Ghost Rider: Spirit of Vengeance
To save his father, stunt biker Johnny Blaze made a deal with the devil (named Roarke) but things didn’t quite turn out alright. Johnny turned into the Ghost Rider, an angel captured by demonic forces, driven insane and let loose with a perverted idea of his mission: instead of protecting the innocent, punishing the guilty.
Over the years, Johnny has managed to somewhat control the appearance of the Ghost Rider but hasn’t found a way yet to get rid of him and as such leads an isolated life somewhere in Eastern Europe to make sure his alter ego doesn’t hurt anyone. One day, a monk called Moreau approaches him and says he can help Blaze get rid of the Rider. However, in exchange Johnny needs to help Moreau protect a boy Roarke has some plans for…
Maybe you didn’t know this due to the fact that Nicholas Cage is again playing the lead, but Ghost Rider: Spirit of Vengeance is actually a reboot. There are subtle changes made to the story when compared to the original movie and the entire part about how Blaze became the Ghost Rider now gets shown in an animated recap, to then focus on the story at hand: Blaze having to protect a kid. As such, things are easy to follow even if you didn’t see the original, but one could also say things are a bit too easy.
The story follows just about every cliche you can imagine from an action movie and if you’re wondering about what the plot twists would be: just make a guess and you’re probably right. Of course, a movie can still be fun even if the story isn’t all too great, but then you need a solid cast and good acting, and also here things go wrong. Highlander Christopher Lambert is present next to Cage and that should already give you an idea of the quality. Cage doing his usual insanity tricks and Lambert playing his wooden self? Yup, bad!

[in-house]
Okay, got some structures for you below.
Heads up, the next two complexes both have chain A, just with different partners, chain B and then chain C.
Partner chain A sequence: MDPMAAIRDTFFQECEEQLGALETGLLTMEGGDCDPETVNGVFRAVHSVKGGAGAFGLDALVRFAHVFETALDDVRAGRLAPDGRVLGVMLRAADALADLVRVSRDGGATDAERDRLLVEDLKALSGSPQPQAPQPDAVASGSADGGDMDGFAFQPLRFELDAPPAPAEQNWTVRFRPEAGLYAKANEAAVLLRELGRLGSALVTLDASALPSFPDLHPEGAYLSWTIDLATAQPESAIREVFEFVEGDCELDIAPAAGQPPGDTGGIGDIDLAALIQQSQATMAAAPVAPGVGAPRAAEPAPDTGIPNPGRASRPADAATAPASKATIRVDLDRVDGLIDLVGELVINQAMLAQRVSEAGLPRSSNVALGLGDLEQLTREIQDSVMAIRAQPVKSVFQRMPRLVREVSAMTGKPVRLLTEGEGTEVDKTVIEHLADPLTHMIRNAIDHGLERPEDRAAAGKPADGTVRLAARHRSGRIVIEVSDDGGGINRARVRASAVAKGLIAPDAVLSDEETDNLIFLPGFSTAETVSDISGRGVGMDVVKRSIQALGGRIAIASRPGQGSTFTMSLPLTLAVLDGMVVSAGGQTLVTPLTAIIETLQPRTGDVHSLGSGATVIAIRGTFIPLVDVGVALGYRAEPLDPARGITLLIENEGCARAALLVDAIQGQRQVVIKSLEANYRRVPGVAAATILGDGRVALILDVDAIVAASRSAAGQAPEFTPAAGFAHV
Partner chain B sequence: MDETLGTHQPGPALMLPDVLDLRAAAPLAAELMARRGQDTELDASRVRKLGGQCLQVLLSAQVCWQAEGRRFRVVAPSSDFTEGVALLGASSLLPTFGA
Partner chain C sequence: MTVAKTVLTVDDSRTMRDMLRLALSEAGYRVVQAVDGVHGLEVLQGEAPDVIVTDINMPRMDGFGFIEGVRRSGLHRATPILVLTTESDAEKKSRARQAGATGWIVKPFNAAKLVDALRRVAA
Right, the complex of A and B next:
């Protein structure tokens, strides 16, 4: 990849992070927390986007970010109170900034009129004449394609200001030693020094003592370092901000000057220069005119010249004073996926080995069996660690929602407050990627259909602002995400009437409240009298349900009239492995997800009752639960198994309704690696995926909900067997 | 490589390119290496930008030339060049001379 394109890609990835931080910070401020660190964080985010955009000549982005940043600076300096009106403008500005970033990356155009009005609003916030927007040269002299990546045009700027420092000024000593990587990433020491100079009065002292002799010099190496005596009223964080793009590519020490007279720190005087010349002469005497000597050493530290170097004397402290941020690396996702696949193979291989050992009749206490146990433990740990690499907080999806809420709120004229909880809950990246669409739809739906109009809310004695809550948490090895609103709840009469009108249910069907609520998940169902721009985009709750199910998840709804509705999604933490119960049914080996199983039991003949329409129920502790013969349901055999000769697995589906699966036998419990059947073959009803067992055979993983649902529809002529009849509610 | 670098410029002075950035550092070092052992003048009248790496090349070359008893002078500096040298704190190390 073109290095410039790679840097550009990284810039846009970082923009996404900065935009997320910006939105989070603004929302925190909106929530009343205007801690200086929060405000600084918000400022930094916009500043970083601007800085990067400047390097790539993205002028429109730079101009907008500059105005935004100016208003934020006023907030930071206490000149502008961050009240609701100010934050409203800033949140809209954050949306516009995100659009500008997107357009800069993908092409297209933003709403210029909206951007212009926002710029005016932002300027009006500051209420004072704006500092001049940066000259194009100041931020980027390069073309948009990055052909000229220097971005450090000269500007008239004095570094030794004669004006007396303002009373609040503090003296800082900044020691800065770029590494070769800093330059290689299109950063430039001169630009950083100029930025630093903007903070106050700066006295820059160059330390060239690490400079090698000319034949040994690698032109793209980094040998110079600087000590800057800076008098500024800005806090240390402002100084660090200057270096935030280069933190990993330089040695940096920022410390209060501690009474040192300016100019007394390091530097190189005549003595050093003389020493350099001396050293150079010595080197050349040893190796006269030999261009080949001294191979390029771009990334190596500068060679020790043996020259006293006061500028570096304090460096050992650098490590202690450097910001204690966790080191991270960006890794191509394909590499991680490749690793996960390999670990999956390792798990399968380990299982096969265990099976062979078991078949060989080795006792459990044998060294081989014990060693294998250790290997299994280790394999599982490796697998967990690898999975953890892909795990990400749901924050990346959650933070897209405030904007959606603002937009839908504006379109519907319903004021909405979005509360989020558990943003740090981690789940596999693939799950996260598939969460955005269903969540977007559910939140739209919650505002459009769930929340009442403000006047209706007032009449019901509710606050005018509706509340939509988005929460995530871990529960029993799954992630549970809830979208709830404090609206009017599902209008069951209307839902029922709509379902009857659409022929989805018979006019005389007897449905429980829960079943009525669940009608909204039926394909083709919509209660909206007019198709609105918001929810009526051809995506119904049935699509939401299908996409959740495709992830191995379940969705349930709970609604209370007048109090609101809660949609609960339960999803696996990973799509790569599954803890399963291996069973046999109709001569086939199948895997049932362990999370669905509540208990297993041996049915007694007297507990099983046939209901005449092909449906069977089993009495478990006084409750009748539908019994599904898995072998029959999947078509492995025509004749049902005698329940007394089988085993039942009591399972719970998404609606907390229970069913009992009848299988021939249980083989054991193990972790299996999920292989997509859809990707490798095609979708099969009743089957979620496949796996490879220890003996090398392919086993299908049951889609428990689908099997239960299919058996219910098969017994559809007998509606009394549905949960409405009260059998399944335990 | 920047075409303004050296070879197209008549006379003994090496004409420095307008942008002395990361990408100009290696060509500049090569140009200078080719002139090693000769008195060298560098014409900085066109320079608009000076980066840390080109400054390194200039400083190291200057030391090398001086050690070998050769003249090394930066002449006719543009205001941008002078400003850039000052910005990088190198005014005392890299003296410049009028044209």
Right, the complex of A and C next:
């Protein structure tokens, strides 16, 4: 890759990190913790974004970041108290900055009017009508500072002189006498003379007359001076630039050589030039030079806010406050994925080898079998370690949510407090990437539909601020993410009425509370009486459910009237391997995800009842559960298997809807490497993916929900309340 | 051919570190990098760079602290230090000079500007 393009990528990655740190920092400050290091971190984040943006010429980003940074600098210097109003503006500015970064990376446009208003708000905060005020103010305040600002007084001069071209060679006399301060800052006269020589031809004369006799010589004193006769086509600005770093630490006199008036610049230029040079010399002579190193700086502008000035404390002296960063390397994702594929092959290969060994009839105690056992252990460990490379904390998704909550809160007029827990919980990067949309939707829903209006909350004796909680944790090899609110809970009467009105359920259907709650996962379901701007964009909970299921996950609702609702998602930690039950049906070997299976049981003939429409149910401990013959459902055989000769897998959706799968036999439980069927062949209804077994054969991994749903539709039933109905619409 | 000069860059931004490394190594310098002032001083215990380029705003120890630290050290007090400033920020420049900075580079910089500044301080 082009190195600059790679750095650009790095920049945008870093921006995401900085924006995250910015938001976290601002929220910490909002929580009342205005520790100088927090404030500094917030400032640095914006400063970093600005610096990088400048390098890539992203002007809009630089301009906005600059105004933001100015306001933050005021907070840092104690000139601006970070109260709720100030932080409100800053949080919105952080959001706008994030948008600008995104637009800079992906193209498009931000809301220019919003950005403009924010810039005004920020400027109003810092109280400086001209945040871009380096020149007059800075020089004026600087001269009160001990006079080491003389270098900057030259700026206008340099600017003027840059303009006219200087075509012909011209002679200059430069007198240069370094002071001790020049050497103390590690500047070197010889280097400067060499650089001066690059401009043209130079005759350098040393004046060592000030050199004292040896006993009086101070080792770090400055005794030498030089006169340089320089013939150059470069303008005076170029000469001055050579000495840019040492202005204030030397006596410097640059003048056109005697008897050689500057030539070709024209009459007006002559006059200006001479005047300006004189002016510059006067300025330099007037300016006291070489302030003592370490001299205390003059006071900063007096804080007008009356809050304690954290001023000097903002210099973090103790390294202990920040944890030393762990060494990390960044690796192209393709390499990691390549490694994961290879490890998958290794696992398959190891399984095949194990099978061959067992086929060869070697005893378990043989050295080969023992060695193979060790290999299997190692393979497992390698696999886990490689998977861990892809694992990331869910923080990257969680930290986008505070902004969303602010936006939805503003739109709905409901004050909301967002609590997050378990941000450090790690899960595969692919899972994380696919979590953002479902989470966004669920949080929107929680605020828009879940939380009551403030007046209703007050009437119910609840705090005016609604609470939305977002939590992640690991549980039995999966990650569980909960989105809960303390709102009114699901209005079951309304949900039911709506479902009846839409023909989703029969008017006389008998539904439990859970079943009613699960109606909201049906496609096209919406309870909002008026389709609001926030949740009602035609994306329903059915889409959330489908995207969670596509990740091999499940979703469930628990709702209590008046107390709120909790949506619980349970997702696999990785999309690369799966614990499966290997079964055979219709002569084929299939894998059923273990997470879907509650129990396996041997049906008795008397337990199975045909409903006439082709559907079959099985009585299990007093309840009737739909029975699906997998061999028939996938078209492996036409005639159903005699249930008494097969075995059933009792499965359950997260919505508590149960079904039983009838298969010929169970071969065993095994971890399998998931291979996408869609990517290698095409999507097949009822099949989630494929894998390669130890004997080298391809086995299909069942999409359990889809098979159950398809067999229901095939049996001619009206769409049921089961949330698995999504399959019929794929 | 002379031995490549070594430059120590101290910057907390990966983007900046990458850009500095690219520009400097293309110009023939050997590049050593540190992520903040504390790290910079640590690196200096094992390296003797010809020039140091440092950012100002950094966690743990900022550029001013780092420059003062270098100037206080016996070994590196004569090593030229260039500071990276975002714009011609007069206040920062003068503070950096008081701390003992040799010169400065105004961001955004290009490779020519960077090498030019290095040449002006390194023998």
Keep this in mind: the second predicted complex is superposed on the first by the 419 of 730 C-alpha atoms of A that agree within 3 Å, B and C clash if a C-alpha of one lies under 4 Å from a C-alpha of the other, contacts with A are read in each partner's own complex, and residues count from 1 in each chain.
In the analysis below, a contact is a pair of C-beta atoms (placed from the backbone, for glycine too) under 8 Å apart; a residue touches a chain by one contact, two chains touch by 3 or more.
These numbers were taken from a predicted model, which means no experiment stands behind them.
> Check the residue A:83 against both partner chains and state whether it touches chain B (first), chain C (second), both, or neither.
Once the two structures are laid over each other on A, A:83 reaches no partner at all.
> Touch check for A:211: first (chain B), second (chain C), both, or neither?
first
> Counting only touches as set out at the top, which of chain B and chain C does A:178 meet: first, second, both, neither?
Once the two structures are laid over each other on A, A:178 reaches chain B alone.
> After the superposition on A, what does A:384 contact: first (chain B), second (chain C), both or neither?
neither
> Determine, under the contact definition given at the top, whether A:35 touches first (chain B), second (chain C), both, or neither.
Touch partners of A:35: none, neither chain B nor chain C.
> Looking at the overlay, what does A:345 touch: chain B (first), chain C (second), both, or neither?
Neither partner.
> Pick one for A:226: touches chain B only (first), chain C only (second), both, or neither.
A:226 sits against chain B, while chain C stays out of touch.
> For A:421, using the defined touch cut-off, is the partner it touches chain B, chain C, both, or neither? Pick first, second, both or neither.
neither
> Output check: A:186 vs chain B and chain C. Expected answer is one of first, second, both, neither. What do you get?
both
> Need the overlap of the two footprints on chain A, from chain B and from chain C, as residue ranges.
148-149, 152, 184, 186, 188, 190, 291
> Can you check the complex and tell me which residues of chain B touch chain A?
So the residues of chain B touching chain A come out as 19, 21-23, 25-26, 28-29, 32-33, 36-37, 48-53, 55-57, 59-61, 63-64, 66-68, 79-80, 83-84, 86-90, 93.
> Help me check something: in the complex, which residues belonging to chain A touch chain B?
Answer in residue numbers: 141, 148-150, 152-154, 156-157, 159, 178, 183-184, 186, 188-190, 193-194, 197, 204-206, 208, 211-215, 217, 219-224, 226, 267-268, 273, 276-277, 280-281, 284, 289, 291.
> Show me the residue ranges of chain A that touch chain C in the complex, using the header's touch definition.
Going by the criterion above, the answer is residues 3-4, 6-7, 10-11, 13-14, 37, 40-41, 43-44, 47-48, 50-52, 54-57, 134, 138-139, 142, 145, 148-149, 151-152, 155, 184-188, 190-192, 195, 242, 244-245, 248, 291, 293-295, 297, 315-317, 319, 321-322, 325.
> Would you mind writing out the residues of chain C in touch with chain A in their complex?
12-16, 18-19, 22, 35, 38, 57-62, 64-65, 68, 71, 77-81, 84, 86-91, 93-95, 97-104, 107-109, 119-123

“Ok, but Stallone and Schwarzenegger have rarely been accused of being great actors, but they do have some great action movies!”. Well, that’s true, but then you usually did get a decent director who knew what he was doing. Here we get Mark Neveldine and Brian Taylor who made the Crank movies and while those did have some appeal thanks to Jason Statham going over-the-top, it doesn’t work with Ghost Rider. To make things worse, the guys shot the movie at an insanely high framerate, making the images look choppy. Also their constant zooming in and out may work for action scenes, but it really doesn’t for dialogue. As such, the only thing making this movie remotely interesting is the actual action scenes but they’re not fascinating enough to keep you watching. The days special effects can make a bland movie great are clearly over.
As a comic book character, Ghost Rider is pretty cool, but on the big screen he’s made little of an impression yet and this movie doesn’t alter that. Maybe if Marvel themselves would have been involved, this could have become something great, but as it stands, it’s little better than the previous movie. Let’s hope Marvel themselves decide to take things into their own hands for a next sequel/prequel/reboot.
Is there nothing good to be said? Well, yes. The image and sound quality are really good and clearly are of much better quality than the movie itself. The only minor issue we found was that the voices seem to come solely from the front center, making them feel a bit flat at times. Other issues we noticed (and this is primarily in the image department) were due to the filming of the maker and clearly not caused by the transfer onto Blu-ray.